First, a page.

Quickstart: Analytics.js

This tutorial gets you started sending data from your website to Segment and any of our destinations, using Segment’s Analytics.js library. As soon as you’re set up you can turn on new destinations with the flip of a switch!

Want to learn more? Check out the Analytics.js reference.

Step 1: Create a Source in the Segment app

Before you begin, you need a Workspace (which is a container that holds all of the Sources and Destinations that are billed together for an organization). If you already created one, great! If not, you can sign up for a free Segment account and create one.

Next create an Analytics.js source from your Workspace:

  1. Click Add Source.
  2. From the source catalog page, click JavaScript.
  3. Click Add Source again from the informational panel that appears to the right.
  4. Give the source a display name, and enter the URL the source will collect data from.

When you create a Source in the Segment web app, it tells the Segment servers that you’ll be sending data from a specific source type. When you create (or change!) a Source in the Segment app, Segment generates a new Write Key for that source. You use the write key in your website code to tell Segment servers where the data is coming from, so Segment can route it to your Destinations and other tools.

Step 2: Add the Segment Snippet

You can add Segment to your project as an NPM package. For more information, see the instructions on GitHub.

Paste this snippet into the <head> tag of your site to install Segment.

  !function(){var analytics=window.analytics=window.analytics||[];if(!analytics.initialize)if(analytics.invoked)window.console&&console.error&&console.error("Segment snippet included twice.");else{analytics.invoked=!0;analytics.methods=["trackSubmit","trackClick","trackLink","trackForm","pageview","identify","reset","group","track","ready","alias","debug","page","once","off","on","addSourceMiddleware","addIntegrationMiddleware","setAnonymousId","addDestinationMiddleware"];analytics.factory=function(e){return function(){var t=Array.prototype.slice.call(arguments);t.unshift(e);analytics.push(t);return analytics}};for(var e=0;e<analytics.methods.length;e++){var key=analytics.methods[e];analytics[key]=analytics.factory(key)}analytics.load=function(key,e){var t=document.createElement("script");t.type="text/javascript";t.async=!0;t.src="https://cdn.segment.com/analytics.js/v1/" + key + "/analytics.min.js";var n=document.getElementsByTagName("script")[0];n.parentNode.insertBefore(t,n);analytics._loadOptions=e};analytics._writeKey="YOUR_WRITE_KEY";analytics.SNIPPET_VERSION="4.15.2";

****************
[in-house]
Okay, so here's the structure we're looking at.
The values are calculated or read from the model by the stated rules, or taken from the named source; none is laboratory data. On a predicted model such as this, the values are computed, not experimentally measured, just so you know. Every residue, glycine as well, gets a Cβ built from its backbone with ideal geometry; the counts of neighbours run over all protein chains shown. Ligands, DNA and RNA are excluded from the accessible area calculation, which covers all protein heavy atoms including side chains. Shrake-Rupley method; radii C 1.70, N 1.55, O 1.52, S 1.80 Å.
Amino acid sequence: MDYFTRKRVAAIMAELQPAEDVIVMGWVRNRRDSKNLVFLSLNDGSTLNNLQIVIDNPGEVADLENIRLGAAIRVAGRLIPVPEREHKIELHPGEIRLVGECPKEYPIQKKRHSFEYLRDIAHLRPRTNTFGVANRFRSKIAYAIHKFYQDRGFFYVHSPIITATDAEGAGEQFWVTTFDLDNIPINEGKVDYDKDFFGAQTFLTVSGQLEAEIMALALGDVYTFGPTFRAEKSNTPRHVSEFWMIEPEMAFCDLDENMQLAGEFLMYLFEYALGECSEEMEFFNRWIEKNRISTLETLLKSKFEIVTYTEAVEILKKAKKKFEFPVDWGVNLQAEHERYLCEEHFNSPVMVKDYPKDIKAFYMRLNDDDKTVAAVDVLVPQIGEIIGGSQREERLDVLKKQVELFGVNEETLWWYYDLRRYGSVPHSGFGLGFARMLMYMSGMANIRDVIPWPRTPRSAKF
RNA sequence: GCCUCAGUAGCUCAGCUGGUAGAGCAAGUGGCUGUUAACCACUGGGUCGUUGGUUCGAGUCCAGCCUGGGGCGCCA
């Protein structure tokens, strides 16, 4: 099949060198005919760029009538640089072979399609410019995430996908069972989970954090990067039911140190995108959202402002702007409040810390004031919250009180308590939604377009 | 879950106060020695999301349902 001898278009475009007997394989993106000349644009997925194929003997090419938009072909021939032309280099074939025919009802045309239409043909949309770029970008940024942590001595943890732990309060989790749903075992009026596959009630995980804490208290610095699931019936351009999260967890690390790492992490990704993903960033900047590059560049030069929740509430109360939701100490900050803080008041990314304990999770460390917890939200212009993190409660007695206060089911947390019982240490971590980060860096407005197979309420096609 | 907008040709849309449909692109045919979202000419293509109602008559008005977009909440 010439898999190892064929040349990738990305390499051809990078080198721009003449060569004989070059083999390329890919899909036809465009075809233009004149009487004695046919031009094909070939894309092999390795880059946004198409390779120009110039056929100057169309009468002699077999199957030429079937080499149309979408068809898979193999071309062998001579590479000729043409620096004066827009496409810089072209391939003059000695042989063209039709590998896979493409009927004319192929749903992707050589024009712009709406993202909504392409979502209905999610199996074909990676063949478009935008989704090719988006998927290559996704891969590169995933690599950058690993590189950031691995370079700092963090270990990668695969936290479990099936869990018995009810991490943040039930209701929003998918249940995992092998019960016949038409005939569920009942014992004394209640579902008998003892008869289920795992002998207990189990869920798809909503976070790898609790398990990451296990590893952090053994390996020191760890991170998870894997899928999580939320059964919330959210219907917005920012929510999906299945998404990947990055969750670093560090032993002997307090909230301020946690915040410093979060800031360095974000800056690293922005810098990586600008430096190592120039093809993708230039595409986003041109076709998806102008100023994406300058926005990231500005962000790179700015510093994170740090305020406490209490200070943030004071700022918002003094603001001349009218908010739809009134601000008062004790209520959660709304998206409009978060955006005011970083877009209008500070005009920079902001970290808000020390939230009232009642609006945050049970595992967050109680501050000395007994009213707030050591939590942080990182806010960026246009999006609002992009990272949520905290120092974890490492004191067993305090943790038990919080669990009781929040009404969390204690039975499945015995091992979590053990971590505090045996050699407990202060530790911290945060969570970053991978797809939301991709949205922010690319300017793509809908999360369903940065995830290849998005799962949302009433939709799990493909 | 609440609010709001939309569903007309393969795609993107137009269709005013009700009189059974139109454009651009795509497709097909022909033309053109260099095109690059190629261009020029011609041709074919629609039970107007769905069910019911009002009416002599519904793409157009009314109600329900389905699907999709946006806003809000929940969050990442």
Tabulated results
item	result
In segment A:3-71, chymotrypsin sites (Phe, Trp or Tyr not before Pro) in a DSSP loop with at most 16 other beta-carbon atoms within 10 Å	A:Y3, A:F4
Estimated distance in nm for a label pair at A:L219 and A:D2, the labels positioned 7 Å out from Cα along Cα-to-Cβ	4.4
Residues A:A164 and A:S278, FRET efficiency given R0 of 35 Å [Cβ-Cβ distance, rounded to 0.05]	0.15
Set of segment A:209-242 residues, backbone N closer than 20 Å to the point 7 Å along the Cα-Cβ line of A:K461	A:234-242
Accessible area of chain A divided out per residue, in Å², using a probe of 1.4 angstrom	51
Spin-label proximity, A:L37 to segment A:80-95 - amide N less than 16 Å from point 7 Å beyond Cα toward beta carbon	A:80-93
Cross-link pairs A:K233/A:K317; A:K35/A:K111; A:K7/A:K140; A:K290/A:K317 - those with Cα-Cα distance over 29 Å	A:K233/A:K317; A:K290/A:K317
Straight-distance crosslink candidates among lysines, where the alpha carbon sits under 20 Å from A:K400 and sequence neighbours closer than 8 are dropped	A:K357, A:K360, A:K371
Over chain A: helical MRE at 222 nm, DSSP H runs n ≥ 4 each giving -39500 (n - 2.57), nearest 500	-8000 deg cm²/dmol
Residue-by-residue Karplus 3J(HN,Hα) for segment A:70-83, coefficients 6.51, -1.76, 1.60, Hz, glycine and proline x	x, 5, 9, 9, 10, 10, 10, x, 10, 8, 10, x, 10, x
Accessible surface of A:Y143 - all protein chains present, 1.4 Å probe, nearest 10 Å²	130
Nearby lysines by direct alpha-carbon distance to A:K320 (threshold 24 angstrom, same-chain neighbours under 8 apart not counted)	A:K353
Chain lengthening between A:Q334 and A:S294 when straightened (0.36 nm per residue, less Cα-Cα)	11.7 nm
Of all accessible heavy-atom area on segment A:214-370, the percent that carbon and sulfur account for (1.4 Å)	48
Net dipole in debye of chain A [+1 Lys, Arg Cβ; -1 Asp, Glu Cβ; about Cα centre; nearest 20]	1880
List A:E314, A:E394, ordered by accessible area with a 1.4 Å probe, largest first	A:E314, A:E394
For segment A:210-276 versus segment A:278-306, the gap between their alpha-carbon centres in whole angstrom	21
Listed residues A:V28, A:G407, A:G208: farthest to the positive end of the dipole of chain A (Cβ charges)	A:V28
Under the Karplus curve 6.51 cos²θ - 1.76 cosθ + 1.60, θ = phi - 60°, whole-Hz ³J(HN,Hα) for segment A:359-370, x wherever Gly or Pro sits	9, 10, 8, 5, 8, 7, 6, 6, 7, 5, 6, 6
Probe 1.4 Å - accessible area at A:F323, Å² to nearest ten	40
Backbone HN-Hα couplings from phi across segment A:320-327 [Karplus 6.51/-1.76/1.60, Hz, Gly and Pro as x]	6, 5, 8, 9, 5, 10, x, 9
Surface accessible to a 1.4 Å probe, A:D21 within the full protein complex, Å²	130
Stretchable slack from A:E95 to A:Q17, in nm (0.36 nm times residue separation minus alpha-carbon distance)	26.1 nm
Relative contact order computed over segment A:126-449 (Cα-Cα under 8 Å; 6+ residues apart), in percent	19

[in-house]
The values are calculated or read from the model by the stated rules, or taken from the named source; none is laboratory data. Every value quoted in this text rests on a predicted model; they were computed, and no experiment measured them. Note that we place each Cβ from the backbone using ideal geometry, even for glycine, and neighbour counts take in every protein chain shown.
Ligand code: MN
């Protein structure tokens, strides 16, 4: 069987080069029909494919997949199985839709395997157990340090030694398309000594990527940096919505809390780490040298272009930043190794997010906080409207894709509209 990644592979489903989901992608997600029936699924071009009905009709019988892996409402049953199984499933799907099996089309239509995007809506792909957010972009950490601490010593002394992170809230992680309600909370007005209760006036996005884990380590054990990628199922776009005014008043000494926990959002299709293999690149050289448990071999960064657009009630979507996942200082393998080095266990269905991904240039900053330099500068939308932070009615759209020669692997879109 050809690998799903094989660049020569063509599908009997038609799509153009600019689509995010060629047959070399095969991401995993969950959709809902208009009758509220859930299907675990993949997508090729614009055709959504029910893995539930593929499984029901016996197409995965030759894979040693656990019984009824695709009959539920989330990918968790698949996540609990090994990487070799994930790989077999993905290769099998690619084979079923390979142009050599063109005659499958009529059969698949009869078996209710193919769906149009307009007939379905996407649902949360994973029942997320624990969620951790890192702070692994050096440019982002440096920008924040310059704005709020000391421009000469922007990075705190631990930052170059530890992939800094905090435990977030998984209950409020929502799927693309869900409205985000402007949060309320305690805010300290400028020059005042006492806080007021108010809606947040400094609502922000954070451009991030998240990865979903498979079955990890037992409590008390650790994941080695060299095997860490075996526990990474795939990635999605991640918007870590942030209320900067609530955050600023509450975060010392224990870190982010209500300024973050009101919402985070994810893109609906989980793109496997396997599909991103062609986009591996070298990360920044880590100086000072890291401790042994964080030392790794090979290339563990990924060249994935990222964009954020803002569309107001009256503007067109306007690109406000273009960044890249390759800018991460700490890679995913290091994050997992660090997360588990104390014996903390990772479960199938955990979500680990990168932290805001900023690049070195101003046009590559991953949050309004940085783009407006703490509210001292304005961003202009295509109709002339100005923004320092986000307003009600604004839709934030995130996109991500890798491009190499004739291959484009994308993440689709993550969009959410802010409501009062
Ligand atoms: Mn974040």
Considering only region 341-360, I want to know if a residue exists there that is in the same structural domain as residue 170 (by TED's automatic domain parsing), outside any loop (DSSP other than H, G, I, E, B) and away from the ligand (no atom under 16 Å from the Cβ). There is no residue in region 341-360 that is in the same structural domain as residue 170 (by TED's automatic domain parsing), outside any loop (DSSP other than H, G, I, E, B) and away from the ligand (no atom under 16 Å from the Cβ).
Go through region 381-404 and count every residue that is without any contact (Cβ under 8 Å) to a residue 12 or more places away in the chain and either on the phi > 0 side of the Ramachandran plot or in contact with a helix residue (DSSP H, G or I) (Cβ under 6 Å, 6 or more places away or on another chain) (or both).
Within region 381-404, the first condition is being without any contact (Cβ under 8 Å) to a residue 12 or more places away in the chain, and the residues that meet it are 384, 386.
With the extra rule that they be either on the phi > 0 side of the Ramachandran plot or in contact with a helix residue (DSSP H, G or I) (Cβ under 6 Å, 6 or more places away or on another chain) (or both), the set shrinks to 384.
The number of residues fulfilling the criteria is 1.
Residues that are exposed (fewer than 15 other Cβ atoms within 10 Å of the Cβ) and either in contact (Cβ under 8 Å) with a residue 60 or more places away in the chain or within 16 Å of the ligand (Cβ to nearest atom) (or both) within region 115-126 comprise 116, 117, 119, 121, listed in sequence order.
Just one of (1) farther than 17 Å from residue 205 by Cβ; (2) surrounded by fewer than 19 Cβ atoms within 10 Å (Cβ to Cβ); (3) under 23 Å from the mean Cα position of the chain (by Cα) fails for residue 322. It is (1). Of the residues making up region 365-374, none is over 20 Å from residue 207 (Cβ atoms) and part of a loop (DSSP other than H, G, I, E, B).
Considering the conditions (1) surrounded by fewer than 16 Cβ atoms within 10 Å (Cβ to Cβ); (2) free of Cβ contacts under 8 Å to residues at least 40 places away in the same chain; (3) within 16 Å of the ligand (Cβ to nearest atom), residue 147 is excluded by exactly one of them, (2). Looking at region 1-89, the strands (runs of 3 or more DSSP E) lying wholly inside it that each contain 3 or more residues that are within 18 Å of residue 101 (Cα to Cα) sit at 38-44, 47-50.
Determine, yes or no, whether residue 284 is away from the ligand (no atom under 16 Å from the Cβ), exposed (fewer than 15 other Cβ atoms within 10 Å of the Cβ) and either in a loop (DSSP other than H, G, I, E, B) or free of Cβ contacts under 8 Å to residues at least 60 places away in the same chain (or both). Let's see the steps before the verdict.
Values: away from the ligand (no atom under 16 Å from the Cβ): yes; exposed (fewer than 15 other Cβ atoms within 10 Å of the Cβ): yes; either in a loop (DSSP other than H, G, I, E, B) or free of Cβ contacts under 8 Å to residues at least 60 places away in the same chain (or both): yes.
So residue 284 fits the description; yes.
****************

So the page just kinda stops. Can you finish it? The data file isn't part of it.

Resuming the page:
<script type="text/javascript">
  // Create a queue, but don't obliterate an existing one!
  var analytics = window.analytics = window.analytics || [];
  // If the real analytics.js is already on the page return.
  if (analytics.initialize) return;
  // If the snippet was invoked already show an error.
  if (analytics.invoked) {
    if (window.console && console.error) {
      console.error('Segment snippet included twice.');
  // Invoked flag, to make sure the snippet
  // is never invoked twice.
  analytics.invoked = true;
  // A list of the methods in Analytics.js to stub.
  analytics.methods = [
  // Define a factory to create stubs. These are placeholders
  // for methods in Analytics.js so that you never have to wait
  // for it to load to actually record data. The `method` is